The Great Jack O'Lantern Blaze for Toddlers: Know Before You Go

Hi everyone! 

It's officially Fall! October 31 is right around the corner. (Don't believe me? Walk into a CVS!) Halloween is a tricky holiday to celebrate with toddlers. You want to indulge in the spooky spirit, but you don't really want them to eat tons of candy or get exposed to morbid and scary stuff. What's an enthusiastic ghoul-loving parent to do? 



Yes, for parents of toddlers Halloween is all about pumpkins. Picking them, drawing on them, perhaps even carving them. And one of the best pumpkin-themed activities in our area is the Great Jack O'Lantern Blaze. Buzz for this event starts early, as tickets go on sale the day after Labor Day, and peak times quickly sell out.

Lots of parents worry that it will be too cold, too dark, too late at night, too much walking, too crowded, or worst of all, too scary! We've been a few times with young ones in tow. Read on for the lowdown on what to expect.



When To Go

The Blaze runs from late September to after Thanksgiving. Most spectators are interested in going before Halloween, when pumpkin mania is at its peak. With little kids, there are more concerns than just "Is it cool to go now?" Since this is an all-outdoor event that's best viewed after sunset, you'll want to go earlier in the year before the temperatures drop, but you also don't want to have to wait until after bedtime for it to get dark enough to enjoy. 

We like to go toward the end of October when it's not yet freezing (Halloween can sometimes be short-sleeves weather!), but it's close enough to Daylight Savings Time that it will be dark at the first time slot of 6:30pm.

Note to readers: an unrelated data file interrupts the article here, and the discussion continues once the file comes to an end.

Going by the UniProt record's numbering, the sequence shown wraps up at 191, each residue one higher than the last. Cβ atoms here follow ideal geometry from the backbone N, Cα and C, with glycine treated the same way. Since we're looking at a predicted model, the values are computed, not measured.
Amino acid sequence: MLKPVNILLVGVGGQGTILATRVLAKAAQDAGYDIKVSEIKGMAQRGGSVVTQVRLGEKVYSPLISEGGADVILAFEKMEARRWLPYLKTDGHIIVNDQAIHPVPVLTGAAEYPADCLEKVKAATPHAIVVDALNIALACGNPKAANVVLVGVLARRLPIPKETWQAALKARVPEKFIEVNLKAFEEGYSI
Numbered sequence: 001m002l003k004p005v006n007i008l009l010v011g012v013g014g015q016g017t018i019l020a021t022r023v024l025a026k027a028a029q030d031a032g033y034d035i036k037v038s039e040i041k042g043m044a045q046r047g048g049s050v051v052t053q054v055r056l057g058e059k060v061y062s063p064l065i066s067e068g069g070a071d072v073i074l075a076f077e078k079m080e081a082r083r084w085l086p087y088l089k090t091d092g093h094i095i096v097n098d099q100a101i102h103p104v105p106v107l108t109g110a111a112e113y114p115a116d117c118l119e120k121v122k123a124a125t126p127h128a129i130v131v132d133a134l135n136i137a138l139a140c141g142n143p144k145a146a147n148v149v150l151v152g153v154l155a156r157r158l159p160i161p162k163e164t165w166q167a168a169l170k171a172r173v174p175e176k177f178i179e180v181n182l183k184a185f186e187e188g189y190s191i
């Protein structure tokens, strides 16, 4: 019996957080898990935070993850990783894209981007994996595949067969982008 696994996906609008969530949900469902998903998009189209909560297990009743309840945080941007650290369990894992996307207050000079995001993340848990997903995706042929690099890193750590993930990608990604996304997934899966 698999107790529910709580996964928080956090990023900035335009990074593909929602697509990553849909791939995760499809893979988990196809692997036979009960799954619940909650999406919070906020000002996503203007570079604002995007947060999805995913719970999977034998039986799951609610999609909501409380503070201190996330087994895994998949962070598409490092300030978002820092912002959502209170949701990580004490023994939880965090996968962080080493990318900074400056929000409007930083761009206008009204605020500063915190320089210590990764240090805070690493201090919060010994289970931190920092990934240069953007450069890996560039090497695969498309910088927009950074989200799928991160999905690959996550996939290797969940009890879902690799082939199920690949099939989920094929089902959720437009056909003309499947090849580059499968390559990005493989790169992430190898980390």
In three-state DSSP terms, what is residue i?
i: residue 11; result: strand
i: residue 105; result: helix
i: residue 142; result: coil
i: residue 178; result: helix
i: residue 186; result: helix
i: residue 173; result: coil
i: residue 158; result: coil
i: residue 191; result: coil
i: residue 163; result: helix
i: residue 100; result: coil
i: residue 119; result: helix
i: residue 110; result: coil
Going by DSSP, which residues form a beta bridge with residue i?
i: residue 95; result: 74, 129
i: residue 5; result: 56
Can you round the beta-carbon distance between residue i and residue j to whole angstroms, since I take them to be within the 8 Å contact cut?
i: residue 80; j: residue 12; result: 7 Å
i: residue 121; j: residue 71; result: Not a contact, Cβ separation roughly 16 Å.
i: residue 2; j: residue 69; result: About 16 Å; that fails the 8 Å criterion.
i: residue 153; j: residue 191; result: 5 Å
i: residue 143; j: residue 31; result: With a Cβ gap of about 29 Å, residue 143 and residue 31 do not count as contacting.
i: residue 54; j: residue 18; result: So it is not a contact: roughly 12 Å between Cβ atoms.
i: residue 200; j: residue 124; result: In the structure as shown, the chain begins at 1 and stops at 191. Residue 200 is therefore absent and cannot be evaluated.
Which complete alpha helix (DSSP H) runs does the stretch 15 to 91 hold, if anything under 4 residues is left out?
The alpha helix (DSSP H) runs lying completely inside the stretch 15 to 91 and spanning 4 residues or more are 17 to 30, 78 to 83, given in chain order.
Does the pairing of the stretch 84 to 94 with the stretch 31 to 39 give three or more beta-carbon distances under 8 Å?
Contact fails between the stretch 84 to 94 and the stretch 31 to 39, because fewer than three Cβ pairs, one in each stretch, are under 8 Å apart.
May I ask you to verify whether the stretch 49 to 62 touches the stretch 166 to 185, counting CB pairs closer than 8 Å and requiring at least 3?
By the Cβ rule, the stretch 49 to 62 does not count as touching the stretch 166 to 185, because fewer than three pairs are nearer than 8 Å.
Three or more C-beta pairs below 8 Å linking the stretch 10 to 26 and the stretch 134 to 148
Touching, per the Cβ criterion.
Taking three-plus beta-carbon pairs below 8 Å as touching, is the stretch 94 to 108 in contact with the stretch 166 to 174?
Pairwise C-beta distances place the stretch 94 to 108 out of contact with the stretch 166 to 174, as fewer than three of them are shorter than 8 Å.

Insider tip: If you aren't planning to Trick Or Treat, or you're going to be done early, the Blaze is open on Halloween and it's one of the few nights that don't get sold out quickly. 

What About Bedtime?

If you're going with small kids, make peace with the fact that they'll be up past their bedtime. You can make it easy on yourself by dressing them in pajamas or bringing some in the car to change into before they go back in their car seats. If missing bedtime is a deal-breaker, make reservations in late November for the 5pm first showing.


Potties and Diaper Changes

There are only porta-potties available, so bring hand sanitizer and plan for diaper changes in the car.

How Long Will It Take? And What About Crowds?

It takes a little less than an hour to walk through, 30 minutes if you're in a hurry and 60 minutes if you take in every...last...detail. The Blaze is very linear. It's a long walk from one part of the property to another and then back in a V. Because of this, it doesn't feel crowded because you are continuously moving with your family and friends, and you always have a great view of the pumpkin exhibits that are set up on either side of the walking path.

That said, there are two bottlenecks on the walking path that can get crammed. At the first one, traffic is created when the path narrows and the crowd has to condense, and the second hard-to-navigate section is toward the end when the exhibit opens up in front of Van Cortlandt Manor and there are things to see in all directions. Since it's so visually exciting right there, people tend to linger and it gets more congested.